The Sundarbans region in southwest Bangladesh is home to the largest single tidal mangrove in the world and is known as the 'beautiful forest'. In this coastal haven, water can mean life, but also danger.
Fishing is critical to so many working people in the village of Kaliganj in Satkhira, southwest Bangladesh, but the area is increasingly facing the devastating impacts of climate change such as rising sea levels, flash flooding and cyclones.
Pollution is rife, so every drop of clean water is precious. And when a community gets this for the first time, it creates a powerful ripple, helping to save lives and improve people's health and livelihoods.
Latest statistics from Bangladesh make alarming reading. More than 72 million people don't have adequate toilet facilities and over 3 million don't have access to clean water close to home.
It is often worse for women and girls who are typically responsible for household chores, including collecting water and caring for children and relatives. They also have additional needs for clean water and toilets to help them manage during their periods and childbirth.
Thankfully Kaliganj will no longer face those threats because the village can now access a safe and reliable source of clean water, thanks to players of People's Postcode Lottery and the charity WaterAid.
Bishakha Rani Mondol, who lives with her husband and 16-year-old son, explained the impact of not having decent toilets in her community. She said, "No woman could use the toilet in daylight. It had no privacy. And when I went to use it at night, I often fell and hurt myself."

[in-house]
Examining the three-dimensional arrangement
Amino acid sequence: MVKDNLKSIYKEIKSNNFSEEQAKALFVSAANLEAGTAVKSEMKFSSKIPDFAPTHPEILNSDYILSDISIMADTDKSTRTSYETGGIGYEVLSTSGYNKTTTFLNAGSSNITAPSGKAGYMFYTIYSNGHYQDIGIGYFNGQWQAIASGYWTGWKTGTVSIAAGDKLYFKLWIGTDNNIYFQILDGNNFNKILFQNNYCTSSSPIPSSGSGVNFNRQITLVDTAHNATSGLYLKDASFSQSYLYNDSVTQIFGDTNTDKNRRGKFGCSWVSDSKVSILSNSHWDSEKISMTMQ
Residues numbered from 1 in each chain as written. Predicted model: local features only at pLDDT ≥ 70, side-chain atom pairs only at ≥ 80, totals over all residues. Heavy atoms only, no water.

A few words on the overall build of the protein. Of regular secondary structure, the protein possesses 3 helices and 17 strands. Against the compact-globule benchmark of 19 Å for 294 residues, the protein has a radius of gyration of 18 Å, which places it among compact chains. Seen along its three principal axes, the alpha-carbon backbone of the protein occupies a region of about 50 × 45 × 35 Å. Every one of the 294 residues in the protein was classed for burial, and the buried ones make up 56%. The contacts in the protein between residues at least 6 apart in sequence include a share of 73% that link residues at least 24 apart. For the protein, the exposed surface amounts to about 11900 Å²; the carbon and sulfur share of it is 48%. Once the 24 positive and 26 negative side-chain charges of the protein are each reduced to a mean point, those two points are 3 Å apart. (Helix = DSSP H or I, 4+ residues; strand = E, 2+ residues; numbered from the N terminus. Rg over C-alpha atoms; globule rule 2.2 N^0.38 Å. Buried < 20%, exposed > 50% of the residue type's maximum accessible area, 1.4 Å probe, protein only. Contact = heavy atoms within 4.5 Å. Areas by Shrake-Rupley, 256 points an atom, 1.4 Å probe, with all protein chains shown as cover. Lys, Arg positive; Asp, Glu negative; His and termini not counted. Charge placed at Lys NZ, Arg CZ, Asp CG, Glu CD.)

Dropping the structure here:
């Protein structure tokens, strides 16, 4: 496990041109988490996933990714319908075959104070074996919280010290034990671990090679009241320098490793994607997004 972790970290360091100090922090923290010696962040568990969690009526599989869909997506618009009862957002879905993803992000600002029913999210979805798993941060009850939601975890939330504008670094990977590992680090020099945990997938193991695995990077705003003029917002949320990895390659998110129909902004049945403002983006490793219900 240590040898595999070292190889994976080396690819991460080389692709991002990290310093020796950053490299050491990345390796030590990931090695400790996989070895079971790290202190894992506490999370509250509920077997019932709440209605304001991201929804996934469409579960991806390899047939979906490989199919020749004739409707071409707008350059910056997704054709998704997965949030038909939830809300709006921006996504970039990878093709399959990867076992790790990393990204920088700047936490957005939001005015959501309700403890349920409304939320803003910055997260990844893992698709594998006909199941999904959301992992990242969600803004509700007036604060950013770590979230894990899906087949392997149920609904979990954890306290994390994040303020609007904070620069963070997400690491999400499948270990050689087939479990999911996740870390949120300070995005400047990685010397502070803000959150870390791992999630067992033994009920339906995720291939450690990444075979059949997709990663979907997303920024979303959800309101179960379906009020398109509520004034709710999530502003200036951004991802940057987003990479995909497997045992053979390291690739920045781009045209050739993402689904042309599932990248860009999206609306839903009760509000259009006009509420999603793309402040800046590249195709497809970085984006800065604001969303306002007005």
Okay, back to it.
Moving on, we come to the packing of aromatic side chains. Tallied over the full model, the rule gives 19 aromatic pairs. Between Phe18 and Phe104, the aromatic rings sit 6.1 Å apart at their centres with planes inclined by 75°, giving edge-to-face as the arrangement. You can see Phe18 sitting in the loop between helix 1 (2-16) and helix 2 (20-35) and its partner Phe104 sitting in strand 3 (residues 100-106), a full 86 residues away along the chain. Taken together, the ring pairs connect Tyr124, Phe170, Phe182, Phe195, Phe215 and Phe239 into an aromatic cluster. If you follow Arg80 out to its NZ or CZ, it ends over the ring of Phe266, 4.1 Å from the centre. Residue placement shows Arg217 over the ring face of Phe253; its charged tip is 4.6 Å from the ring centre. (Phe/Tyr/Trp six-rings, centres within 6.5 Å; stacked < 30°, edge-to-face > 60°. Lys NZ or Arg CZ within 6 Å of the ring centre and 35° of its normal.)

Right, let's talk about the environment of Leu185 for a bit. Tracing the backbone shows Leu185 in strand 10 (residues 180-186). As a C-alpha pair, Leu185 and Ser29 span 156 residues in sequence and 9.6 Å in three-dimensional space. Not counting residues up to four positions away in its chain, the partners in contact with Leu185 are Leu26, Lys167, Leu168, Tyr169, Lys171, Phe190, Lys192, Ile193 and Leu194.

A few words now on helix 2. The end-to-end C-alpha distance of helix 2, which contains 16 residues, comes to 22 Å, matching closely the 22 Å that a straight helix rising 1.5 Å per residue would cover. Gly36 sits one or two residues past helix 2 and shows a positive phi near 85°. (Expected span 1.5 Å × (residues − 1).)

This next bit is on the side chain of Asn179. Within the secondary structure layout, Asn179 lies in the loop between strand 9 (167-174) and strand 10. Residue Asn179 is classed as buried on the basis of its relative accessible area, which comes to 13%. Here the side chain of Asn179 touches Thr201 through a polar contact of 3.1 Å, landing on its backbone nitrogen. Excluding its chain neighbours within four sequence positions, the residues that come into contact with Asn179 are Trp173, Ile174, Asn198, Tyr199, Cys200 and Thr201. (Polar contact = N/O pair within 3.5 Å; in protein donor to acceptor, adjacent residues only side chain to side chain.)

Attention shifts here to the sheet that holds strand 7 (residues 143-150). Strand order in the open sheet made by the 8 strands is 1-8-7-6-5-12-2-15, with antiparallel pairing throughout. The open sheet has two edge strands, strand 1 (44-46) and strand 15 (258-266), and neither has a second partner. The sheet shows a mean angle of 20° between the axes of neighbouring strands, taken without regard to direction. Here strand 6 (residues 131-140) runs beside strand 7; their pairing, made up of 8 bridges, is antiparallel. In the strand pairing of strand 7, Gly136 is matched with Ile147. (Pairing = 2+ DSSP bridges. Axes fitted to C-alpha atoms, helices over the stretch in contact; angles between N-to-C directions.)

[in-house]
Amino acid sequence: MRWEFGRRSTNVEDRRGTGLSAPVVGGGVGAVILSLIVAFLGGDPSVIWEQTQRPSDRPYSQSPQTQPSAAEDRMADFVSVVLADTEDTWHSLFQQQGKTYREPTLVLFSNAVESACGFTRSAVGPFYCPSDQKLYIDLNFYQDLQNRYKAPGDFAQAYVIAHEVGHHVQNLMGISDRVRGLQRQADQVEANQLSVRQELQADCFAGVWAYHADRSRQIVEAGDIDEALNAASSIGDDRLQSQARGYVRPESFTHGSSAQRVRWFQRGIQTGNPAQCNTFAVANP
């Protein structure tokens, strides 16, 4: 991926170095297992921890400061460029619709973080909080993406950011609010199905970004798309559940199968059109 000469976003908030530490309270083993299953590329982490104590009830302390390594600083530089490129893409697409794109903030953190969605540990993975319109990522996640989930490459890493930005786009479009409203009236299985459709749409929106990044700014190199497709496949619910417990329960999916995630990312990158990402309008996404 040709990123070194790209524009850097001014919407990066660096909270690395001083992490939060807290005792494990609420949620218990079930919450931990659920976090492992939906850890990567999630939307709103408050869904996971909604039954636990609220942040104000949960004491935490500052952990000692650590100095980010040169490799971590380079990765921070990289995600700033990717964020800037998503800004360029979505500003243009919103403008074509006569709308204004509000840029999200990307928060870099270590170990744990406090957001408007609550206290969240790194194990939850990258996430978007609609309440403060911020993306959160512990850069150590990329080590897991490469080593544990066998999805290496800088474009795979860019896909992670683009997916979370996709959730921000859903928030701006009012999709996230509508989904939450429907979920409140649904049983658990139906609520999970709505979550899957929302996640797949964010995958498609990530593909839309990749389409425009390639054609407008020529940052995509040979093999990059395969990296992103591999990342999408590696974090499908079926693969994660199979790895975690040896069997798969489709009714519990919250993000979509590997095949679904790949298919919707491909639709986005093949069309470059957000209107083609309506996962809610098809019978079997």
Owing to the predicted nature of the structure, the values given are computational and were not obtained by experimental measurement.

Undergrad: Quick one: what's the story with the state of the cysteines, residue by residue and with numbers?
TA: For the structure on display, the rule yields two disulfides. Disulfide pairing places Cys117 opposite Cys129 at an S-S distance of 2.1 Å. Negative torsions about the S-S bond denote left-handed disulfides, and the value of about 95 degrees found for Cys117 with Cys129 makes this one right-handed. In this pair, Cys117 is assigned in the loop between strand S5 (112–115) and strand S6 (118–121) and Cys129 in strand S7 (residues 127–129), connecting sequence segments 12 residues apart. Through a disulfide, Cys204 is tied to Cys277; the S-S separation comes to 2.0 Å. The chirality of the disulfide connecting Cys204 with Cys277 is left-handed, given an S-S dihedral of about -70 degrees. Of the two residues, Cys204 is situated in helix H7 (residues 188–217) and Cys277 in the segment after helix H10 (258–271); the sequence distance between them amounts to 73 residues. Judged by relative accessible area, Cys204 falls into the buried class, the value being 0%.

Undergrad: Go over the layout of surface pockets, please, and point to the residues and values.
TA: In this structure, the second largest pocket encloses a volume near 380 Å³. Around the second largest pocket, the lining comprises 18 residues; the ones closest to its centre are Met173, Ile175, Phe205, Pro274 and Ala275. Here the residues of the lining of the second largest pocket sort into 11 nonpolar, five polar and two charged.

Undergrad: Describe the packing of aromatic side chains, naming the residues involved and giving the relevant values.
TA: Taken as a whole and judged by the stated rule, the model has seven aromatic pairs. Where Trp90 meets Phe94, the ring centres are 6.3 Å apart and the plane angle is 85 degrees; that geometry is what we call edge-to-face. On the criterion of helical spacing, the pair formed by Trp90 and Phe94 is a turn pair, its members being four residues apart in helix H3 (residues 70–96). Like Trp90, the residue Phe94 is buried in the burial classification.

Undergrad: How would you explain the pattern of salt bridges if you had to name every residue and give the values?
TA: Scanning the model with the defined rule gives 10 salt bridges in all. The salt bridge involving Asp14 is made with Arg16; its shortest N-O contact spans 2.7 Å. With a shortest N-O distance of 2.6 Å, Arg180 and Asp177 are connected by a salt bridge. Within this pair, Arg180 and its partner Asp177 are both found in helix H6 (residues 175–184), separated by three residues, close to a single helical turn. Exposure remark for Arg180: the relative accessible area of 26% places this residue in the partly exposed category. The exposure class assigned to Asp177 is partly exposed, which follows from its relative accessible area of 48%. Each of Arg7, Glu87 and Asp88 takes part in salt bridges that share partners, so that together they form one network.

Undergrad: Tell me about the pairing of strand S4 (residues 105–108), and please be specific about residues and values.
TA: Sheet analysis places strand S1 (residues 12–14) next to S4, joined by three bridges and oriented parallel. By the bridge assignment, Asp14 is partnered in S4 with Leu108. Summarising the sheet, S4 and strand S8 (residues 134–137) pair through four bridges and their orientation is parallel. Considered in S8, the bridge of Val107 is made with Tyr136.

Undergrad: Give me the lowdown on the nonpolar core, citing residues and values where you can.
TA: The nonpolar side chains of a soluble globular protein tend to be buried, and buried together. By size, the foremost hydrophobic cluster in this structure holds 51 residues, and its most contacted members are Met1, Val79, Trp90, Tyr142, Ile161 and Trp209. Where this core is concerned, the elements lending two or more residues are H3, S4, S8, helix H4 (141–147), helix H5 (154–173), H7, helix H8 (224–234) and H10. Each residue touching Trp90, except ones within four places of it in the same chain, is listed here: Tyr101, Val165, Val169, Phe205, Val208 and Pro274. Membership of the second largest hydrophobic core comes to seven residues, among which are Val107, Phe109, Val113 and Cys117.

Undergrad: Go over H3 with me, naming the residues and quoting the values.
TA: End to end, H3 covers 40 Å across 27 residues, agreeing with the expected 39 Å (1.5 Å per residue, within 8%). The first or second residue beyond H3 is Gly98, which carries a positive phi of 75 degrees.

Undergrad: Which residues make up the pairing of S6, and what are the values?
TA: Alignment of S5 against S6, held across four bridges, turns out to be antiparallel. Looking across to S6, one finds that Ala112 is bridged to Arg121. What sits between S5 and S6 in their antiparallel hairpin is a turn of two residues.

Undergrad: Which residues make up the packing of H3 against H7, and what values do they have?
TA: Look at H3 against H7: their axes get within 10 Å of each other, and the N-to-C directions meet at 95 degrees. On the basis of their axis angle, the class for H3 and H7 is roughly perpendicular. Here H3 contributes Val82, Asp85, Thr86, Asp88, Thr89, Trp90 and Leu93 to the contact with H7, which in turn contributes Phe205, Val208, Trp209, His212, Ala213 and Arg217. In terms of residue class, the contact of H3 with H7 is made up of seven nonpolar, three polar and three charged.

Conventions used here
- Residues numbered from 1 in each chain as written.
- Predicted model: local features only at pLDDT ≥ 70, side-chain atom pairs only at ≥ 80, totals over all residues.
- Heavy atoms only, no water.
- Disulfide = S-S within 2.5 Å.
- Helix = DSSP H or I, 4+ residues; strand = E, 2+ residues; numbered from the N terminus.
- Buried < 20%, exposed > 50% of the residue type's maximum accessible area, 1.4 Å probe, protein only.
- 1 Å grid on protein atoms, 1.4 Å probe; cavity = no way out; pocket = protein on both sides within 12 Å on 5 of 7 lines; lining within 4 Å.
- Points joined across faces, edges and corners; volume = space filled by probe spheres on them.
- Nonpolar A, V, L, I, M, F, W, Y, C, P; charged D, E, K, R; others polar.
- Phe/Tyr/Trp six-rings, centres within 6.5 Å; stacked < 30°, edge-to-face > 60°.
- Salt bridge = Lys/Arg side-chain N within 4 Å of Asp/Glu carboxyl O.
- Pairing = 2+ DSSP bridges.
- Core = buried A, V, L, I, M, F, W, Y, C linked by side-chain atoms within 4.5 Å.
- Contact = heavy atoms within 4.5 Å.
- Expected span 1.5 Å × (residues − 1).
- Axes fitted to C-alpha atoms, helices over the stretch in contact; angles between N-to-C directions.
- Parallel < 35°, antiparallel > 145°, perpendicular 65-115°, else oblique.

Bishakha's family is part of the Munda community - a socially marginalised, ethnic minority group that earns a living from fishing and farming.
Now, with player support, there has been a dramatic improvement. WaterAid worked with the community to install a 65-litre underground rainwater reservoir providing a reliable source of clean water, and they built three accessible toilet blocks.
Bishakha added, "We are living a new life now. I have no fear of using the toilet at night anymore. I also greatly suffered from joint pain but now I feel relief that I do not have to go for miles to collect water."
WaterAid also promoted good hygiene, such as handwashing with soap and supporting women and girls to manage their periods hygienically and with dignity. The charity also gives women like Bishakha the opportunity to have a say in the decision making and management of the newly-built water, sanitation and hygiene services in their communities.
Everyone in the community, from children to older people, has benefited from hygiene education. Girls no longer have to skip class while on their periods and their attendance at school has dramatically increased.
Bishakha said, "I am happy that our children will no longer miss class or leave school to collect water for the family. It also gives me great peace that our daughters can now use the toilet at night."
Laura Chow, Head of Charities at People's Postcode Lottery, said, "Our players are helping to transform the lives of people around the world, such as Bishakha and her community - providing clean water and toilets which are fundamental to the health and dignity of everyone, everywhere."
Hasin Jahan, WaterAid's Country Director in Bangladesh, shares more on the ripple effect of players' support. She said, "We are working alongside communities in Bangladesh so that everyone has clean water, decent toilets, and good hygiene. We won't stop until every community has the opportunity to thrive."
Players across Britain have raised more than £22 Million for WaterAid over the past 10 years. Postcode Global Trust has awarded these funds to help bring clean water, decent toilets and good hygiene to everyone, everywhere.